China’s popular dried tangerine peel recalled after high levels of lead found in snack also sold abroad

28-Sep-2018 Intellasia | South China Morning Post | 6:00 AM Print This Post

Excessive traces of lead have been found in a popular brand of preserved tangerine peel sold in China, Malaysia, Singapore and other parts of the world including the United States.

However, the manufacturer has said the possibility of any overseas contamination is low.

Samples of Jiabao jiuzhi chenpi, a brand of the popular Chinese snack, were found to have up to eight times the acceptable level of the toxic metal, the State Administration for Market Regulation revealed last week.

Inspections were conducted twice in March and May, the authorities said.

The March inspection found traces of lead seven times higher than the accepted levels, while the May inspection found amounts of the metal six times that of the standard, according to the market watchdog.

By China’s standards, amounts of lead found in food products cannot exceed 1mg/kilogram. The first test showed 8mg/kilogram while the second was 6.69mg/kilogram, the authorities said.

Lead, a naturally occurring element, is toxic to humans in large amounts and can affect multiple body systems.

It is particularly harmful to young children, especially when consumed, attacking the brain and central nervous system to cause coma, convulsions and even death, according to the World Health Organization.

The Jiabao brand of preserved tangerine peel is produced in southern China’s Guangdong province and is widely available around the nation.

It is also sold overseas, including in Singapore, Malaysia, Australia and the United States, according to its manufacturing company, Guangdong Jiabao Group.

The firm said the two problem batches were made in December and January using orange peel from a one-off supplier.

“Because it was the Lunar New Year and our regular partner had temporarily ceased supply, we decided to buy the raw material from others,” the company’s marketing director Liu Chaoliang said on Wednesday.

“That said, it is certainly our fault to have overlooked the quality problem in our raw material.”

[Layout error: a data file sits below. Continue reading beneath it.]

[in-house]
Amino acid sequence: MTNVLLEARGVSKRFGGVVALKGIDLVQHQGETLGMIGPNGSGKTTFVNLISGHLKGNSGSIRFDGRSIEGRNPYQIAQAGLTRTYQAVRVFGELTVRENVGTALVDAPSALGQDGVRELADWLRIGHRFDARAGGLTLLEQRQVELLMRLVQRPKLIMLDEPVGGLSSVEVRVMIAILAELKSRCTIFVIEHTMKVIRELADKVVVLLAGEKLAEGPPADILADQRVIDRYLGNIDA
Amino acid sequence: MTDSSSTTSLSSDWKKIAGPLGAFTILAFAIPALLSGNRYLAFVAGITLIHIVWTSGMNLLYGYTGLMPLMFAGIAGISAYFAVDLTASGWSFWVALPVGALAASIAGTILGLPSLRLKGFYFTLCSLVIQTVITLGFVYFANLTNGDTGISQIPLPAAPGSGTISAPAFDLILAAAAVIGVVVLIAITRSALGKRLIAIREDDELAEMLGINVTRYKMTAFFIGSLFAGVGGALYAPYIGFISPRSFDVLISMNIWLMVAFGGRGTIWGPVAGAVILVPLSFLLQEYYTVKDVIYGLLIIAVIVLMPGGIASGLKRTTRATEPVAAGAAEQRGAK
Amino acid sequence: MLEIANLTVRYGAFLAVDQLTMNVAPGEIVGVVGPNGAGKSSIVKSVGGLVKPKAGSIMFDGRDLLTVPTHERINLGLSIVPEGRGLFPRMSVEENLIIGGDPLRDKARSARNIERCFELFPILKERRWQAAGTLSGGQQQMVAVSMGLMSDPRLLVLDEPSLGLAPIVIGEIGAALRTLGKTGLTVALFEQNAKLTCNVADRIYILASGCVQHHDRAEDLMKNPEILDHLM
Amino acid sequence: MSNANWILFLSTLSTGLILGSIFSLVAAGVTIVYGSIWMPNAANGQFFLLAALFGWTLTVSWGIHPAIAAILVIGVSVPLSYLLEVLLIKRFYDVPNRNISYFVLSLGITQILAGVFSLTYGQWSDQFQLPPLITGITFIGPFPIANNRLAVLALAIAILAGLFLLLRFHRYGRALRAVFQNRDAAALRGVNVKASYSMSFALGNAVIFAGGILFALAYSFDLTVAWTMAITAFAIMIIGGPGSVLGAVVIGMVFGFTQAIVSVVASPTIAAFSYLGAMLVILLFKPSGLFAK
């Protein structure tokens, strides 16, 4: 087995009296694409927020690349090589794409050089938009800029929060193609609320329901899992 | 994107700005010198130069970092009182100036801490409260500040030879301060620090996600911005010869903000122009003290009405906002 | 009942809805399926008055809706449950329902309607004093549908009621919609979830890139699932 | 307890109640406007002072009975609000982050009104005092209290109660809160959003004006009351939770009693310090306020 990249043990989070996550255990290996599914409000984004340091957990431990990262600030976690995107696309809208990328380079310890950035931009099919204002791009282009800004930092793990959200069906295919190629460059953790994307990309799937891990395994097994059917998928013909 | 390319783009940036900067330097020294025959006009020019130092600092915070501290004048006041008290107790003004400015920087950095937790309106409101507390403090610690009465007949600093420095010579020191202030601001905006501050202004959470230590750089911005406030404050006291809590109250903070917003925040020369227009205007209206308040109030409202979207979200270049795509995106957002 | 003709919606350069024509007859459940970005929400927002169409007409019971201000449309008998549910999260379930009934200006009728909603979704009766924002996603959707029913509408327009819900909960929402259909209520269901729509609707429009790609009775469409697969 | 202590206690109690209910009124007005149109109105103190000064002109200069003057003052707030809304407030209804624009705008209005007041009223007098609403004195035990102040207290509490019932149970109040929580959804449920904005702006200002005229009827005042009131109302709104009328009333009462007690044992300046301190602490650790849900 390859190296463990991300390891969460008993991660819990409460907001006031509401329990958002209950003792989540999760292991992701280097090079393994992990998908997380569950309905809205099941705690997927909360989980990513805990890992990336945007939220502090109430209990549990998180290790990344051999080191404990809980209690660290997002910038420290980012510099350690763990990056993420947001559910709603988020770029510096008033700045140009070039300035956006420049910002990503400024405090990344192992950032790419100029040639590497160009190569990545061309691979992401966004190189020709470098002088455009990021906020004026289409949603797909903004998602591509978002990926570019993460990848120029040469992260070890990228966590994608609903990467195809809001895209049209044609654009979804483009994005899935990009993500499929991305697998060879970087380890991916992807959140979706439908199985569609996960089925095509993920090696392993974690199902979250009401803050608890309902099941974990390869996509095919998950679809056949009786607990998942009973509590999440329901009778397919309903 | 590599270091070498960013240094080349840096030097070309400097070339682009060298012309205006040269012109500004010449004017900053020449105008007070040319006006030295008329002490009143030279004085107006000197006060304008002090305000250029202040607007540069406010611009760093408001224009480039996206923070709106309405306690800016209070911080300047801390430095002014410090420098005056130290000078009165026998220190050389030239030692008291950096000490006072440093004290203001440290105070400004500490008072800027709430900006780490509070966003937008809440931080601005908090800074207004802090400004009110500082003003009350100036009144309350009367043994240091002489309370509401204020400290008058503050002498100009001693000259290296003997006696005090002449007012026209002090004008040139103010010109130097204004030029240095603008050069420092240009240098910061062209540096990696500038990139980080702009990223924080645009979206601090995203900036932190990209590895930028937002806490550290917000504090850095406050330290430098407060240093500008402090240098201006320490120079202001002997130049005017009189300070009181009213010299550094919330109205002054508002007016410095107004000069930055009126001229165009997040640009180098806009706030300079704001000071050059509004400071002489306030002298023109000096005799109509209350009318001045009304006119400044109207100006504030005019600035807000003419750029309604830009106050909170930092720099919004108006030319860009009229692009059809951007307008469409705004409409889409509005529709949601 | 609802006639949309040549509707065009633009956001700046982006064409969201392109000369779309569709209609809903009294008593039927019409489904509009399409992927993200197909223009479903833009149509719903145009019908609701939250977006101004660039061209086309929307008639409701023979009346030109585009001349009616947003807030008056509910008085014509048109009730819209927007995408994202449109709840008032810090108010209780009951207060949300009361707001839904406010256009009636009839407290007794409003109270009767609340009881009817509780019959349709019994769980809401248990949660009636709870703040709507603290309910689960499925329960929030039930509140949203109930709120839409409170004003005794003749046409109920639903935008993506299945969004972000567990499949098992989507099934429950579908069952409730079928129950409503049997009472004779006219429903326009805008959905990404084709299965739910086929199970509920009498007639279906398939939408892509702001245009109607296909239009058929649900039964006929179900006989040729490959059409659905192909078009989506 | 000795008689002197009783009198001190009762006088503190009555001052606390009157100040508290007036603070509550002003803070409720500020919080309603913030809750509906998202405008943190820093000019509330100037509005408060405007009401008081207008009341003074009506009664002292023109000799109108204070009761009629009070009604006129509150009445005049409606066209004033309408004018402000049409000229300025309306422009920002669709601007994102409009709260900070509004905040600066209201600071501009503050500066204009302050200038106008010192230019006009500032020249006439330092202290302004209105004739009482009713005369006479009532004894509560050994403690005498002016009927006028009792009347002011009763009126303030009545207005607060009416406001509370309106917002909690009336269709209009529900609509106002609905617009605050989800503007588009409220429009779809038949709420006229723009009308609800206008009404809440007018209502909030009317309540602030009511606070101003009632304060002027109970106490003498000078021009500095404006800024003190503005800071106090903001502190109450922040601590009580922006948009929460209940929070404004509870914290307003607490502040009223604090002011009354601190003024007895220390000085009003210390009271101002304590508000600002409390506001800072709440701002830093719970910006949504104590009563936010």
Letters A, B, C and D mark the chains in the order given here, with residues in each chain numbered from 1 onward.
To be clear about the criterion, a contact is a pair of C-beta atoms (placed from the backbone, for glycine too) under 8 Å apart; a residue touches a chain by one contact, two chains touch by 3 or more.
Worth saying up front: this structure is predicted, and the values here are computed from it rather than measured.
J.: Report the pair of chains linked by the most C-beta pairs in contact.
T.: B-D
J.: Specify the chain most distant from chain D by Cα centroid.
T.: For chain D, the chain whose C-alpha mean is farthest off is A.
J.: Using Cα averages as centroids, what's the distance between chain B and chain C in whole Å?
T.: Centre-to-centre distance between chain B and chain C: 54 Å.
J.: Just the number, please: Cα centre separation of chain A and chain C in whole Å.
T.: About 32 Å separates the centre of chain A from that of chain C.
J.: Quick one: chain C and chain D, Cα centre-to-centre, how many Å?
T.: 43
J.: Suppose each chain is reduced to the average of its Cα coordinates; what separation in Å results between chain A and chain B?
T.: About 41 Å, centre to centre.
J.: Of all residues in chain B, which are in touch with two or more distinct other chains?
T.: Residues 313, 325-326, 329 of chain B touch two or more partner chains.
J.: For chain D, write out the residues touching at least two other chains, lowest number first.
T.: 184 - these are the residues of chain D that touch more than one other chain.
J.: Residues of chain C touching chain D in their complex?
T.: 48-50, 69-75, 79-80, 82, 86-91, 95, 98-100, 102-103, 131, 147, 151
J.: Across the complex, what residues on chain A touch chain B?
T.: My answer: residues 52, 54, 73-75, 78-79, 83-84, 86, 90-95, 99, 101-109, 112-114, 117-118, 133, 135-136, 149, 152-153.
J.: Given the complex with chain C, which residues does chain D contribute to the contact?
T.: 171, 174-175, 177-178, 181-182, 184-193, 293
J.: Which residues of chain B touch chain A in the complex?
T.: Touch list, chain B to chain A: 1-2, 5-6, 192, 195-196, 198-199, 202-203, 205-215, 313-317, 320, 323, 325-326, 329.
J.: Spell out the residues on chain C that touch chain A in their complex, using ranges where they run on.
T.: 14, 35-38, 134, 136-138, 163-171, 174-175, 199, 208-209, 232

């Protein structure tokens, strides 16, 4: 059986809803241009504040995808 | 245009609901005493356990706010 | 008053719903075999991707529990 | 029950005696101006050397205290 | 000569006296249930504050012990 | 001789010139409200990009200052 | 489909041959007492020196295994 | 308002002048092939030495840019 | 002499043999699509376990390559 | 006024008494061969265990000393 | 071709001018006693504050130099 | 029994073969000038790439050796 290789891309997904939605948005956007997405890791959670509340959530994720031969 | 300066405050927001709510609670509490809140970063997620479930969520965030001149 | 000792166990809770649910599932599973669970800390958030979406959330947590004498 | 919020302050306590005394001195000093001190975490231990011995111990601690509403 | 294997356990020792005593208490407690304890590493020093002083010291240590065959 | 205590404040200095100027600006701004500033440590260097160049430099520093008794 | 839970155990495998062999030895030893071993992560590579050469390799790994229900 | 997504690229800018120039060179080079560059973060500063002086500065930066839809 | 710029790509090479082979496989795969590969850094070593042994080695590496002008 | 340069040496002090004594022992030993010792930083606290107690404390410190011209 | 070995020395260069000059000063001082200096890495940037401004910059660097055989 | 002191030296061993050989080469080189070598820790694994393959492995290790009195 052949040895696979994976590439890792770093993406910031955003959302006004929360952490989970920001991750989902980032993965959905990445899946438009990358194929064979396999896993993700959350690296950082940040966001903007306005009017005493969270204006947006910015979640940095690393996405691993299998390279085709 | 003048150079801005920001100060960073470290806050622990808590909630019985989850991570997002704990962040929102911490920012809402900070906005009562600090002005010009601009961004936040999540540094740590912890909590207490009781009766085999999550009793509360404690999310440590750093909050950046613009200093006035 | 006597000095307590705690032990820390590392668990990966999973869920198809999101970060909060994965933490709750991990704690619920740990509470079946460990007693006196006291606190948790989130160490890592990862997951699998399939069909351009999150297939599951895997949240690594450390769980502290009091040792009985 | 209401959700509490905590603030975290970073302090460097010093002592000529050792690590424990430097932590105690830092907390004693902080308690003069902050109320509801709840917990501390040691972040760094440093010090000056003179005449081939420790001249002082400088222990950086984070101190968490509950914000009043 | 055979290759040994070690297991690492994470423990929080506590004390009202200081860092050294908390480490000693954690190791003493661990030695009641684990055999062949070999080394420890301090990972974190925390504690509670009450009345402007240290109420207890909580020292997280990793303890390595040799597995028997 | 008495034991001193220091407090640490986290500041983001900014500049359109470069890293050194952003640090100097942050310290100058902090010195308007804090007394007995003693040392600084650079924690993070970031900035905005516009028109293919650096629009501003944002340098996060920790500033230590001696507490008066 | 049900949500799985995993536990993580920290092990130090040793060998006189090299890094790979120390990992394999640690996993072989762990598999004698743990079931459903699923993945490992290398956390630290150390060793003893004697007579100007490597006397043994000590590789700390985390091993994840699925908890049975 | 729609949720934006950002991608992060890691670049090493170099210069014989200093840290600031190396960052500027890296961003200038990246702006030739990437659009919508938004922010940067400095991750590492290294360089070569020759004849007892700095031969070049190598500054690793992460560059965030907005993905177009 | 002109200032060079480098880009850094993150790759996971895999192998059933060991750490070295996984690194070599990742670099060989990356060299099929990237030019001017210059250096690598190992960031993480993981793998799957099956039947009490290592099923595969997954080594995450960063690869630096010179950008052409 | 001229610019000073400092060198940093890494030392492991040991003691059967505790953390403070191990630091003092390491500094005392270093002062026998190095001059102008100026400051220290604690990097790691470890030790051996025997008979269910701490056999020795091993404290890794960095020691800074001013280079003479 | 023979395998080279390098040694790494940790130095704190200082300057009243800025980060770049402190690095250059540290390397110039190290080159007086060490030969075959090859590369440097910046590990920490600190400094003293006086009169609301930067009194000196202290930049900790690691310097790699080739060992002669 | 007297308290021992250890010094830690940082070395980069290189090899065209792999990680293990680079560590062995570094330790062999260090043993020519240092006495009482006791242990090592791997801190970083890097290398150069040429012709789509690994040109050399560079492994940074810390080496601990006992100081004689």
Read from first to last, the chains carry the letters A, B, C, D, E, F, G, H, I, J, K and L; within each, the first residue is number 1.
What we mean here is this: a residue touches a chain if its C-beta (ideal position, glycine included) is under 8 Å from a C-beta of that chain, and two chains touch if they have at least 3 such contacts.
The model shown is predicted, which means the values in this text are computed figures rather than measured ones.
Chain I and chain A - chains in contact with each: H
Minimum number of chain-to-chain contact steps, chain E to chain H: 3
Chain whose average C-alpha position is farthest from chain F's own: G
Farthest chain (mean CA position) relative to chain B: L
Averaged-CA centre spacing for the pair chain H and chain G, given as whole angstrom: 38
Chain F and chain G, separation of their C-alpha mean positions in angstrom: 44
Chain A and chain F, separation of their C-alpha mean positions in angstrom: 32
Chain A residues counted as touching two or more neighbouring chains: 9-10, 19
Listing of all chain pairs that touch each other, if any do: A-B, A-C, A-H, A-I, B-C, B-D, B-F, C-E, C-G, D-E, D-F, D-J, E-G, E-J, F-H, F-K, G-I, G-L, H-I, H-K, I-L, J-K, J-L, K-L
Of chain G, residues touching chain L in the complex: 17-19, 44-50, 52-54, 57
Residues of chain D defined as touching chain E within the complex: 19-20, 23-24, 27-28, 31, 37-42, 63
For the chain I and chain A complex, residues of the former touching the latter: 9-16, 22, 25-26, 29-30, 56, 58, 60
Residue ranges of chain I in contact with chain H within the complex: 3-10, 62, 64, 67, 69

The problem batches totalled only “dozens of boxes” of small packets, each containing 24g of peel, Liu said.

He did not say how many packets of peel were contained in each box, but believed the possibility that any from either of the two batches had made it abroad was small.

In a statement last week, Guangdong Jiabao Group said it had notified retailers of the problem in April when the first results were known. By mid-May all substandard products which had been recalled and incinerated. The second inspection occurred on May 8, it said.

“Because the product often goes through several sellers before it reaches the end consumer, we did not manage to recall all of the problematic ones in time after the first inspection [in March],” Liu said.

“The second inspection occurred during our recall and the samples collected happened to be from the same batch.”

Making preserved tangerine peel involves soaking the peel in brine and alum for two days, rinsing it in hot water and then preserving it in large quantities of salt and plum for another couple of days.

The product is then dried and stewed with a substance known as licorice juice, or succus liquiritiae.

Guangdong Jiabao said it would purchase its own machines to check for heavy metals in each batch of its products before releasing them to the market in future.

The company, which also produces candied fruit, pickles and beverages, does not directly export its goods at present but has vowed to enter the international market.

In July, its president Yang Wanru told Guangdong Television that the firm planned to bring “good Chinese snacks” to the world.

“We will bring good products to all Chinese people around the world. We will be bolder and develop our market outside China,” she said.


Category: China

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